The online revolution was once pitched as a medium of convenience. It could be 3 a.m. and you could wrap up your holiday shopping, spooning a tub of Haagen-Dazs while wearing nothing more than boxer shorts and a pair of bunny slippers. Didn't find what you were looking for? Found it but didn't like the price? The competition and comparison-shopping sites were all just a click away.
But now with prices at the pump showing no signs of letting up, Internet retailers have another selling point. It's no longer simply a matter of just battling it out for a parking space at your favorite suburban mall. It's how kindly your gas tank will treat you both ways. Drivers are suddenly discerning when it comes to how far they will take their joyrides.
Great! Right? Well, every cyberspace cloud has a silvery surcharged lining. Online orders don't magically appear on your doorstep. UPS
But therein lies the rub seasoning. Free shipping has become e-tailing's killer app. Amazon.com
Others like Overstock.com
How will these companies respond? Would Amazon lose some sales if its everyday free shipping policy only applied to orders greater than $50? Would bargain hunters flocking to Overstock's clearance bins flinch at seeing $2.95 inch up to $3.95?
These wouldn't be phantom hikes. Everyone realizes that the cost of moving wares around has gotten more expensive lately. Thankfully, FedEx and UPS already have their routes to run anyway, so the damage isn't so much incremental as simply operational. The surcharges are reasonably cheap -- for now. But who will bear the burden of higher retail prices?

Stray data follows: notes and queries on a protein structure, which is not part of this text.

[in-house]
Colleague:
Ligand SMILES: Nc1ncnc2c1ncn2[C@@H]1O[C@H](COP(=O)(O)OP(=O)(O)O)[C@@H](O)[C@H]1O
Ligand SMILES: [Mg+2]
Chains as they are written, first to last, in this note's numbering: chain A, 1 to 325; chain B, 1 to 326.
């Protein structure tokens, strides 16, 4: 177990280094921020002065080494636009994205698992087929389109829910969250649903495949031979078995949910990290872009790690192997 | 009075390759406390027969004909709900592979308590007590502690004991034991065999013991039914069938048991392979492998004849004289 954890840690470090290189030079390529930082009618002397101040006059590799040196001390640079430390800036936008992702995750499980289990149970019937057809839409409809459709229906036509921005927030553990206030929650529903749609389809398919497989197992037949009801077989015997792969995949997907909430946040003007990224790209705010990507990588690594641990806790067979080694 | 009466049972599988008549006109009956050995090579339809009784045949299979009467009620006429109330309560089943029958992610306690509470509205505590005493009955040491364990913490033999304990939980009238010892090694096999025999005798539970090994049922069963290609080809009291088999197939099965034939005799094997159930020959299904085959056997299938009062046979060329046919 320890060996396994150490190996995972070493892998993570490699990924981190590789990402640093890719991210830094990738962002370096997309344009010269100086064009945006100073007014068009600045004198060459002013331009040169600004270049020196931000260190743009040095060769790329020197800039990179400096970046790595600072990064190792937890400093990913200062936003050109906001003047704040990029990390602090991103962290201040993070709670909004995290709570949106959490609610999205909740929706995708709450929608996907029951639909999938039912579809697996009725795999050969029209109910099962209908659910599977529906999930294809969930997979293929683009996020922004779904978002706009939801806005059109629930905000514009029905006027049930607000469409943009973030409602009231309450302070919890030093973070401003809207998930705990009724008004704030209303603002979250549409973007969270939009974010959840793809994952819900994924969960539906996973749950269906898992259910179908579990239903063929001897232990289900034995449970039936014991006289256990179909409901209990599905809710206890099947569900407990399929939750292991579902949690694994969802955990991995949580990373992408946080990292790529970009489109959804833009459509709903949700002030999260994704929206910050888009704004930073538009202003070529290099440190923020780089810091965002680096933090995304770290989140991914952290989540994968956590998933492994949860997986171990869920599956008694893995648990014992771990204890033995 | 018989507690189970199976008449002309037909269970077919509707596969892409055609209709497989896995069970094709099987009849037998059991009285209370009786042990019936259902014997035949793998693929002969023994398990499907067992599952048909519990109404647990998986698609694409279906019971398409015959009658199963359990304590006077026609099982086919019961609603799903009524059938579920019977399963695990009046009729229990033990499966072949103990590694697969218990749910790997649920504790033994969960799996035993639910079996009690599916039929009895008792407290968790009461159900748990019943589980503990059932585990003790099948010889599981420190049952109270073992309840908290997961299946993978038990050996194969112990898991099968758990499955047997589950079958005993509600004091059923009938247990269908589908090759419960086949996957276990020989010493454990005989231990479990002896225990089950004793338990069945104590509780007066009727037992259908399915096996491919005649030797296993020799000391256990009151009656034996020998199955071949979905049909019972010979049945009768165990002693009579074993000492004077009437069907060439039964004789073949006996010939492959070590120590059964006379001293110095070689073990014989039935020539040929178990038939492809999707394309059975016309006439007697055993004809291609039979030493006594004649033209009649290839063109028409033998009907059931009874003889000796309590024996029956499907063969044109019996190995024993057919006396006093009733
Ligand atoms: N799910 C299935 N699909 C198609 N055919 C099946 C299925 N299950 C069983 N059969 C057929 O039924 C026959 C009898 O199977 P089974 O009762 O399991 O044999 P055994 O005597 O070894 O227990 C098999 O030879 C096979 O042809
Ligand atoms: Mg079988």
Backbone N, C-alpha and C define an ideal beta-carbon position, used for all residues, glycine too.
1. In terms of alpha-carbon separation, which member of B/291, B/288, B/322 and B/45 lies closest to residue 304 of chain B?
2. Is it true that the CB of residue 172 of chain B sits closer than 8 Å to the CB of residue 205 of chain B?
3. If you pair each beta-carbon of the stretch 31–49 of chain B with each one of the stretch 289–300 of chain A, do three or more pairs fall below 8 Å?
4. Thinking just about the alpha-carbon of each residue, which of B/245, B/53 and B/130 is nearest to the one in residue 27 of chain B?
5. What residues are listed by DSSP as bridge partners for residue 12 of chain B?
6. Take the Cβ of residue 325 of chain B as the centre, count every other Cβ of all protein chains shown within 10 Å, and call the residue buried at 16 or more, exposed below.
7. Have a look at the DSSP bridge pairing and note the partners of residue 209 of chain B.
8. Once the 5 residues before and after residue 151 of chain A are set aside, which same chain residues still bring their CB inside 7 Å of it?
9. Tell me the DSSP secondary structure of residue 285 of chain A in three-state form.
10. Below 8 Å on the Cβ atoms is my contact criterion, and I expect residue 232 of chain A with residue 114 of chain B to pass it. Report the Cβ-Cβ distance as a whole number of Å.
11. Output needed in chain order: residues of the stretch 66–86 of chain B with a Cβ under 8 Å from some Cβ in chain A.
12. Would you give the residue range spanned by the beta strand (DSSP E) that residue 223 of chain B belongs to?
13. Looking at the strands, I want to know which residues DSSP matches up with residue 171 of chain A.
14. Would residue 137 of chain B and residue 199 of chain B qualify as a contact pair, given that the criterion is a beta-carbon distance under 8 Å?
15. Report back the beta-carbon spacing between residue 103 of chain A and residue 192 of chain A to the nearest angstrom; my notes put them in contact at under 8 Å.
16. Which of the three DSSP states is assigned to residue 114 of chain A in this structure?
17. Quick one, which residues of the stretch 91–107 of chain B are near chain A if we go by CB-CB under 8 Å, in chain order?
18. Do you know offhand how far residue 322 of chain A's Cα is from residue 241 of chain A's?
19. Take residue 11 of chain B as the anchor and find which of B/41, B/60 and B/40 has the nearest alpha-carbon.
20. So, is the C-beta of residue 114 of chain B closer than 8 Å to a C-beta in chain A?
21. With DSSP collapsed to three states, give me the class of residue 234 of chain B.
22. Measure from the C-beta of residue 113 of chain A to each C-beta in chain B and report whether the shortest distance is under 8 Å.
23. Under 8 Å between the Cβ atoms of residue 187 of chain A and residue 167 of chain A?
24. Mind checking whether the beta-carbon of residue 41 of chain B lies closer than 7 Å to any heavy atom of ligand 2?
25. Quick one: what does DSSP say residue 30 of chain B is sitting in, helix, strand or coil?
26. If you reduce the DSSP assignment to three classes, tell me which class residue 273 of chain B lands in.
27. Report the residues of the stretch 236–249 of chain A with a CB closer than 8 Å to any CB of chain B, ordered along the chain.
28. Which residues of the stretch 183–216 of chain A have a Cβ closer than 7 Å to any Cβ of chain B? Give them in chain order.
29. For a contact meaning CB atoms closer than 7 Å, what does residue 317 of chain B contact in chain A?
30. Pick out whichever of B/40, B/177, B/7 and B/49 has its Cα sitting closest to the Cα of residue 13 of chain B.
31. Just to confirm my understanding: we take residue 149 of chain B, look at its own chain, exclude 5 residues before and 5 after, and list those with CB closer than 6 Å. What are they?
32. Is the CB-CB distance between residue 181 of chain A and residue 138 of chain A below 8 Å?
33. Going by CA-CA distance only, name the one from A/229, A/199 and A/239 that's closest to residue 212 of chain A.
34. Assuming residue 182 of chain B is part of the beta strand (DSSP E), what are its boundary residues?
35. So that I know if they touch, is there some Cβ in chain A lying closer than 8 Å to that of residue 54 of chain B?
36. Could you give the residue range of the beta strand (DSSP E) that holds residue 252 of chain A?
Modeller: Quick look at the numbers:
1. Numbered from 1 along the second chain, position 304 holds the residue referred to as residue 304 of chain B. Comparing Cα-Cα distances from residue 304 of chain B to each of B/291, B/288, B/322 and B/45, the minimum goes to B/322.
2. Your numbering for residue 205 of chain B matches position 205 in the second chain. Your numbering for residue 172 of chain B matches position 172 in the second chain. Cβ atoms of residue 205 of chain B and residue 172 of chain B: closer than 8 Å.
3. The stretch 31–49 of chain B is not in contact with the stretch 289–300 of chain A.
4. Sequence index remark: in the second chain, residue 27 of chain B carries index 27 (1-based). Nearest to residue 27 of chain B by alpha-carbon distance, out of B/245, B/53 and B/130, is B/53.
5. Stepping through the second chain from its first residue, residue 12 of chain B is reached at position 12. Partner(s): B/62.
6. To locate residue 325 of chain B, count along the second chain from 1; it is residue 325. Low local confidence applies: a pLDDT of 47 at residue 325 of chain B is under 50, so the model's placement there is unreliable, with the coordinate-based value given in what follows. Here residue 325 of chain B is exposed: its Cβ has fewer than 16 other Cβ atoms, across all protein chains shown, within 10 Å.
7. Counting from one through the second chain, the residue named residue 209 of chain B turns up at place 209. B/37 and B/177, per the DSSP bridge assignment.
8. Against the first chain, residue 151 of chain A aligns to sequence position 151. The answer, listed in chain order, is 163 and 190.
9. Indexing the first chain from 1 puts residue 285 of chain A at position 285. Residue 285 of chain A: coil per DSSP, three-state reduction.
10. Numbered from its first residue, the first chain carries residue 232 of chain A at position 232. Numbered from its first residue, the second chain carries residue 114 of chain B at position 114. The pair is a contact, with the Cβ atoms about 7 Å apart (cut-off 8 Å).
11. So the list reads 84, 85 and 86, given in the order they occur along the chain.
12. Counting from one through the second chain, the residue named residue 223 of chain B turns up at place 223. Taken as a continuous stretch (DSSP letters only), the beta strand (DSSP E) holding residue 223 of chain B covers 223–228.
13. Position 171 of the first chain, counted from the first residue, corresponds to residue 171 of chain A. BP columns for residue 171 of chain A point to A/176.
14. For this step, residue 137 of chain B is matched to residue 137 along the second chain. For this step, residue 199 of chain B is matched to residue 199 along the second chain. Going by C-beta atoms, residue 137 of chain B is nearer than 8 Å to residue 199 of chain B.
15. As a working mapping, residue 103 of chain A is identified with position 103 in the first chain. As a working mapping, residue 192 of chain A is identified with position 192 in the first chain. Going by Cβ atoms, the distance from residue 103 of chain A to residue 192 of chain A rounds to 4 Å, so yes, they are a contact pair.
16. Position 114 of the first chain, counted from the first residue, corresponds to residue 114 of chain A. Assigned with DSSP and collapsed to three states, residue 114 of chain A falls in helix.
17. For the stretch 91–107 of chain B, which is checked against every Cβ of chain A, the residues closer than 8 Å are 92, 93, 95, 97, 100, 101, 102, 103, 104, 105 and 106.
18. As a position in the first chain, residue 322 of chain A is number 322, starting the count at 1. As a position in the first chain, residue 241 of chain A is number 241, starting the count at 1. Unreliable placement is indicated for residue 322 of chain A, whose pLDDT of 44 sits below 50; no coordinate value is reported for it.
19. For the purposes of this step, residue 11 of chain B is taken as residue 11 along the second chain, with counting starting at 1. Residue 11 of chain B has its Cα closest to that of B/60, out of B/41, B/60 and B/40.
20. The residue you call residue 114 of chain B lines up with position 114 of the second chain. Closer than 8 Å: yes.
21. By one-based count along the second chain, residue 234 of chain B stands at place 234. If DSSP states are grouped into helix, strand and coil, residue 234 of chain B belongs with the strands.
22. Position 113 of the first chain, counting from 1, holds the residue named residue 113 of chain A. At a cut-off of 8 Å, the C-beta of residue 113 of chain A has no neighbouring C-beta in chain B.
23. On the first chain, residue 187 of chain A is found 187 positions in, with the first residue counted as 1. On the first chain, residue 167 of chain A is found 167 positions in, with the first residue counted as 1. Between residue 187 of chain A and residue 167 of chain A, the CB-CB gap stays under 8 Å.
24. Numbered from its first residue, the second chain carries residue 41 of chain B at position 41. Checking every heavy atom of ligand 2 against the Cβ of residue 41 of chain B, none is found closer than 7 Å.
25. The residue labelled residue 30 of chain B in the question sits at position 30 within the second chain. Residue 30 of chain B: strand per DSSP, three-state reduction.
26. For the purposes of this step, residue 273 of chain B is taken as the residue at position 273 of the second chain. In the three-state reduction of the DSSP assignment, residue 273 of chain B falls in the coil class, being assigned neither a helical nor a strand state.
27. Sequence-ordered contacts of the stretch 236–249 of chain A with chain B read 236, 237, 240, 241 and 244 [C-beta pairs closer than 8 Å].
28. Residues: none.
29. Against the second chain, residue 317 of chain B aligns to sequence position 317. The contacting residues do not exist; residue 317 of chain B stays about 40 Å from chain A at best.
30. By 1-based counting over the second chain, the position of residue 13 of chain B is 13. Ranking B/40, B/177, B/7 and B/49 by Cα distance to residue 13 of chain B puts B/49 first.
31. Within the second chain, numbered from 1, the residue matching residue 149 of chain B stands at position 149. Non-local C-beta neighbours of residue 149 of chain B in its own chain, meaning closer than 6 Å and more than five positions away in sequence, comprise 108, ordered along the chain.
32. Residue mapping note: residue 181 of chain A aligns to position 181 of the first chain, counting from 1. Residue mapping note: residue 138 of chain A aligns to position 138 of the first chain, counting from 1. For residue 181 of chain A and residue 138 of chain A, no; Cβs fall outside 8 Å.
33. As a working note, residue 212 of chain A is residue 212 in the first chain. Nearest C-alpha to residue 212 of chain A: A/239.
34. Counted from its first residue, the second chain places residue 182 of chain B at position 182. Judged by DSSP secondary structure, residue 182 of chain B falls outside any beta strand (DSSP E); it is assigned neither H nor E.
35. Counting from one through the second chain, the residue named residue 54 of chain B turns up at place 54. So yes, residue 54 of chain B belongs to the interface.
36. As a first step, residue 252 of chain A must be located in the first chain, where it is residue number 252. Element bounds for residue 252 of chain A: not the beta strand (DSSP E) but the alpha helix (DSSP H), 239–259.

Do not gas go
Products don't just grow from the soil beneath the Amazon warehouses. There is nothing organic in that strip mall out in suburbia. Imports now have higher cargo rates to tack on, while even domestic goods have to be moved around the country. Trucking companies have had little choice but to add fuel surcharges, and how could they not? Whether you are shopping online or at a local store, inflation is real, and the added costs have been mostly absorbed by the end user. Wake up! That's you, bub.
With fuel taking a bite every leg of the way, the real winners may be the sellers of goods with the least stops along the way. While Dell
Yet the ultimate consumer-direct prize should probably go to eBay
Fuel for the money
Ultimately, online companies already have distinct advantages. They know their customers better. They have leaner operations. As an investor, knowing that has probably been a lucrative discovery. Amazon, Dell, and eBay have all been worthy Motley Fool Stock Advisor selections, and Overstock was singled out last year in our Motley Fool Hidden Gems newsletter.
This doesn't mean that the pure online retailers have the pie to themselves. After a few fiascoes and false starts, traditional bricks-and-mortar chains are now skilled netizens. While their virtual outlets are often sandbagged with the heavy operating burden of offline retailing and the conflicts of marketing one medium over the other, they can't be ignored. There is a lot more worldly width in the World Wide Web these days.
Yet that is even more reason for the dot-com loyalists to band together around their peers. Rising frustration at the pump will make us all ultimately poorer but this is also the perfect time for online retailers to capitalize on their strengths and make believers out of reluctant homebodies.
Liquid optimism? You bet. Pop open that gas tank. Fill 'er up!
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Longtime Fool contributor Rick Munarriz favors online shopping over trekking out to the mall. Now if only they would find a way to cram a food court into cyberspace! He does not own shares in any of the companies mentioned in this story. Rick's stock holdings can be viewed online, as can the Fool's disclosure policy.